Three Congress leaders, who are also practicing lawyers, have been barred by the Bar Council of India (BCI) to appear before the court of Chief Justice of India Dipak Misra. The decision has been taken by the lawyers’ body to bar Kapil Sibal, Abhishek Manu Singhvi and Vivek Tankha in view of the motion being brought by opposition parties for the removal of the Chief Justice, reported DNA.
DNA quoted BCI president Manan Mishra as saying, “The BCI has come to a final conclusion that we cannot stop or ban MPs from practising in courts, but there is an exception to it. Lawyer-MPs or -MLAs, if they start any motion for impeachment or a removal proceeding against any high court or Supreme Court judge, they will not be allowed to practise in that particular court. This is the majority view of the council.”
Sibal, Singhvi and Tankha had reportedly objected to the move. Writing to the BCI, they had said that it was not in its jurisdiction to bar them from appearing before any court of the Supreme Court or High Courts.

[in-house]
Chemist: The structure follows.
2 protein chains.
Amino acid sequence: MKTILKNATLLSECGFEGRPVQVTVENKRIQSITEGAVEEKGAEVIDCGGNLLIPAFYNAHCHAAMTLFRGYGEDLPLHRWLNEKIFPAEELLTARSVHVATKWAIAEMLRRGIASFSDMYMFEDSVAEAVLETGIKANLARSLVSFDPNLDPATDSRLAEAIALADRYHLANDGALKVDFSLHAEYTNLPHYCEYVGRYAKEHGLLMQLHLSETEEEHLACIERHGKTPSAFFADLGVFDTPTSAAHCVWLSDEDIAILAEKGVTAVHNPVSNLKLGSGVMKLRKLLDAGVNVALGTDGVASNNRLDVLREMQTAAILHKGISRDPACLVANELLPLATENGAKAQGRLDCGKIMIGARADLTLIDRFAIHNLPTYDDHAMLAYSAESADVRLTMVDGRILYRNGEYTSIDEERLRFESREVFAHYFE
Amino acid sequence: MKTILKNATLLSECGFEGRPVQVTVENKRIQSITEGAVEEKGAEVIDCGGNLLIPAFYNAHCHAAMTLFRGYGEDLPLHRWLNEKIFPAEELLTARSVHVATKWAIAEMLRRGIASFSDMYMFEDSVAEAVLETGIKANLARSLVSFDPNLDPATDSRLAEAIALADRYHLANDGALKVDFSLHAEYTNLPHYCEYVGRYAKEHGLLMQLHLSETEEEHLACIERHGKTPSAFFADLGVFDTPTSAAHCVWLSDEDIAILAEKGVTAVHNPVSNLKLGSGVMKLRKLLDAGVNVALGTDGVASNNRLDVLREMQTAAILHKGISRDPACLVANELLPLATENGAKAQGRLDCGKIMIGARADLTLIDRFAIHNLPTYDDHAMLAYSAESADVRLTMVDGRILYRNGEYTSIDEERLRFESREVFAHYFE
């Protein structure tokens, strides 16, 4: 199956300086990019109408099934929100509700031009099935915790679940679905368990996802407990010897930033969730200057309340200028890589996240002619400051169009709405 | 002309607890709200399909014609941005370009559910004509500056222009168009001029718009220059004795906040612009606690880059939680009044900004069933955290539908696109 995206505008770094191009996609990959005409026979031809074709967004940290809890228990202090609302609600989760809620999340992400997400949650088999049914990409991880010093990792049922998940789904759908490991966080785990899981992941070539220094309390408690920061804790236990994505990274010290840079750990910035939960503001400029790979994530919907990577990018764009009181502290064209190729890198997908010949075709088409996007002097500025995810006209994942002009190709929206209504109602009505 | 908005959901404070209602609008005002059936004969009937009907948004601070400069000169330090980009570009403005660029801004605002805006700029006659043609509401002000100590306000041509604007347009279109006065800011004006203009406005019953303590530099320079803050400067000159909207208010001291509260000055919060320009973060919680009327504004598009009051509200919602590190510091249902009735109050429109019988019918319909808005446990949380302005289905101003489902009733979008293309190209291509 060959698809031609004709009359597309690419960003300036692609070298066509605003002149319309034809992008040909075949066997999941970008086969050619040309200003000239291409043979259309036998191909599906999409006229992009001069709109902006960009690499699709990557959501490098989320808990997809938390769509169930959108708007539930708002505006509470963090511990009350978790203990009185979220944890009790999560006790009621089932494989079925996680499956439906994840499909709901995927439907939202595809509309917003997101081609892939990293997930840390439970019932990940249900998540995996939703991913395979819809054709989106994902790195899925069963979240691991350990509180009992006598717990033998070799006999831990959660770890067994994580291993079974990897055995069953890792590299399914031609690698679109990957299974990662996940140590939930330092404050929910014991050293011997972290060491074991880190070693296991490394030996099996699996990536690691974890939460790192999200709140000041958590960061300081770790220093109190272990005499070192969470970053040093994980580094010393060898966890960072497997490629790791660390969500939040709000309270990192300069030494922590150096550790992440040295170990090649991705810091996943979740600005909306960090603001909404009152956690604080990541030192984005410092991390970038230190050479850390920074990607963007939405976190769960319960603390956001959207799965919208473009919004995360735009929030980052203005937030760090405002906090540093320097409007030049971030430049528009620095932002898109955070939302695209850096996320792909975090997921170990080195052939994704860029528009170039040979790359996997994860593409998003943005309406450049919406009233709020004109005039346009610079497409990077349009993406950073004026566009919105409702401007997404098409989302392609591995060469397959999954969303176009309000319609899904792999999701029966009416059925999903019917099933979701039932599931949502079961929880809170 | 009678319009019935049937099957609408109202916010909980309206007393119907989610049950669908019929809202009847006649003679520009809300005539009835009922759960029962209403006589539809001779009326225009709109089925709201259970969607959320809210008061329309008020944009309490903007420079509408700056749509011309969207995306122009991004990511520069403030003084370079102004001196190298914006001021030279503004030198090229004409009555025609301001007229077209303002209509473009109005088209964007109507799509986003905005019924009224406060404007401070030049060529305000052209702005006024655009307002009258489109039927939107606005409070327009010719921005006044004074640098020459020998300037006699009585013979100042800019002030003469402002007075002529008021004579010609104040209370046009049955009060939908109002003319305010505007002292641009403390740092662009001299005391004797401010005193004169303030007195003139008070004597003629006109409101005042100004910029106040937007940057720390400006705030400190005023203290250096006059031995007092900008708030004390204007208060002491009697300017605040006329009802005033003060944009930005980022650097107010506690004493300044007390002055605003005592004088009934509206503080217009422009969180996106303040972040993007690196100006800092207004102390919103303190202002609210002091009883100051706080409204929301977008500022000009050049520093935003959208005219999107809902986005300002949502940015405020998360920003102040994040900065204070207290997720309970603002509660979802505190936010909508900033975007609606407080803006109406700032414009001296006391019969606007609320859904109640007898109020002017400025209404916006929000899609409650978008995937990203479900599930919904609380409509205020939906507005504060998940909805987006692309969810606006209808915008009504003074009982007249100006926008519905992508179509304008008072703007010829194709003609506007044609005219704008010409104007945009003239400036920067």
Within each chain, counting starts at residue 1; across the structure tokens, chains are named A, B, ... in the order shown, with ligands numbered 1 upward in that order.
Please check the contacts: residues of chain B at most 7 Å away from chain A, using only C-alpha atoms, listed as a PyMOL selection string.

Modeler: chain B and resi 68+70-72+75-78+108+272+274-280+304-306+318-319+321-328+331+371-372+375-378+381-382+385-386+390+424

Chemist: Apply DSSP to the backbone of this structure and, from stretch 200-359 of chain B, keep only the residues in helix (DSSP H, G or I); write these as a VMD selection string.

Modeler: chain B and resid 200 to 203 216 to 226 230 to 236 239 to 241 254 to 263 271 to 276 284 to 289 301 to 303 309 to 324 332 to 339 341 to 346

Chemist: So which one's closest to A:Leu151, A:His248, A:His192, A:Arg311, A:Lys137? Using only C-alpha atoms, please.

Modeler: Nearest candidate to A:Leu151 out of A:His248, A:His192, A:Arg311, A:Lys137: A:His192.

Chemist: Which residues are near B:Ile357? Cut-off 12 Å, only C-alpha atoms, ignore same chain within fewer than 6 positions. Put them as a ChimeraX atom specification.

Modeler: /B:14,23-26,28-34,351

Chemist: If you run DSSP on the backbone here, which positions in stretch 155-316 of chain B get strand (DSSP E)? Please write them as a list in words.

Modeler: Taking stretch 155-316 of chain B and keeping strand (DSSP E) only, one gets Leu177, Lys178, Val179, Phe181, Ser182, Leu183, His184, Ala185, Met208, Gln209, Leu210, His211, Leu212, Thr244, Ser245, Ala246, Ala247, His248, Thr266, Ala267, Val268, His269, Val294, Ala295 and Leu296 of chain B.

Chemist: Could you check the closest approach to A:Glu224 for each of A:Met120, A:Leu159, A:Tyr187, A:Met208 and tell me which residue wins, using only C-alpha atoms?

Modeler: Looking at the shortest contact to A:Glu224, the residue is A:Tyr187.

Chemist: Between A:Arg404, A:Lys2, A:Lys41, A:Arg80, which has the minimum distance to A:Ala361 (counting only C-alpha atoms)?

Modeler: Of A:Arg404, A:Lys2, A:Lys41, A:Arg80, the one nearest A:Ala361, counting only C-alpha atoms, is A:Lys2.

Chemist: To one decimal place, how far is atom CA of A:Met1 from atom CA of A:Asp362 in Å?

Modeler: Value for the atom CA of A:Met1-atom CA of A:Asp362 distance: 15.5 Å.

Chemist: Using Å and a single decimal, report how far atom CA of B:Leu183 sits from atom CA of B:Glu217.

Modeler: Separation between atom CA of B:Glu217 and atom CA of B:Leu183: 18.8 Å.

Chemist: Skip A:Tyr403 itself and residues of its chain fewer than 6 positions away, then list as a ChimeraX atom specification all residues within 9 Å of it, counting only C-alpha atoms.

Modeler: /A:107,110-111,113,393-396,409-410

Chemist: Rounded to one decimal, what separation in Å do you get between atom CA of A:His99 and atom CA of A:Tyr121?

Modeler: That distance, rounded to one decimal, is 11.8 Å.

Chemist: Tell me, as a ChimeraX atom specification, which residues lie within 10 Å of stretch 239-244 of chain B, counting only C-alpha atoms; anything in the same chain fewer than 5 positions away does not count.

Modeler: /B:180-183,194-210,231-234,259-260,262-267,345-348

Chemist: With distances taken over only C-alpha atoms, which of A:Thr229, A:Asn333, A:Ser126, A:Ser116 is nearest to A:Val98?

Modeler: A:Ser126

This comes even as a plea seeking ban on MPs and MLAs from practicing law is pending before the Supreme Court.
The motion to remove Justice Misra, being prepared by opposition parties including Congress, NCP and Samajwadi Party, among others, is in relation to the CJI's handling of the matters raised by four Supreme Court judges at a press conference on January 11, 2018. Following the unprecedented press meet by four senior SC judges - Justice Chelameswar, Justice Ranjan Gogoi, Justice Kurian Joseph and Justice Madan B Lokur - there were reports of senior Left leader Sitaram Yechury meeting NCP's Tariq Anwar and former JDU leader Sharad Yadav.
In an unprecedented move, four senior-most judges of the Supreme Court had accused the CJI in January 2018 of not adhering to the rules in assigning cases to appropriate benches, which they said could create "doubts" about the integrity of the top court.
Speaking to the media at the residence of Justice Chelameswar, the judges had said the SC administration was "not in order" and had released an undated letter they had written to Justice Misra in which they conceded that the CJI was the "master of the roster" but this was "not a recognition of any superior authority, legal or factual, of the Chief Justice over his colleagues".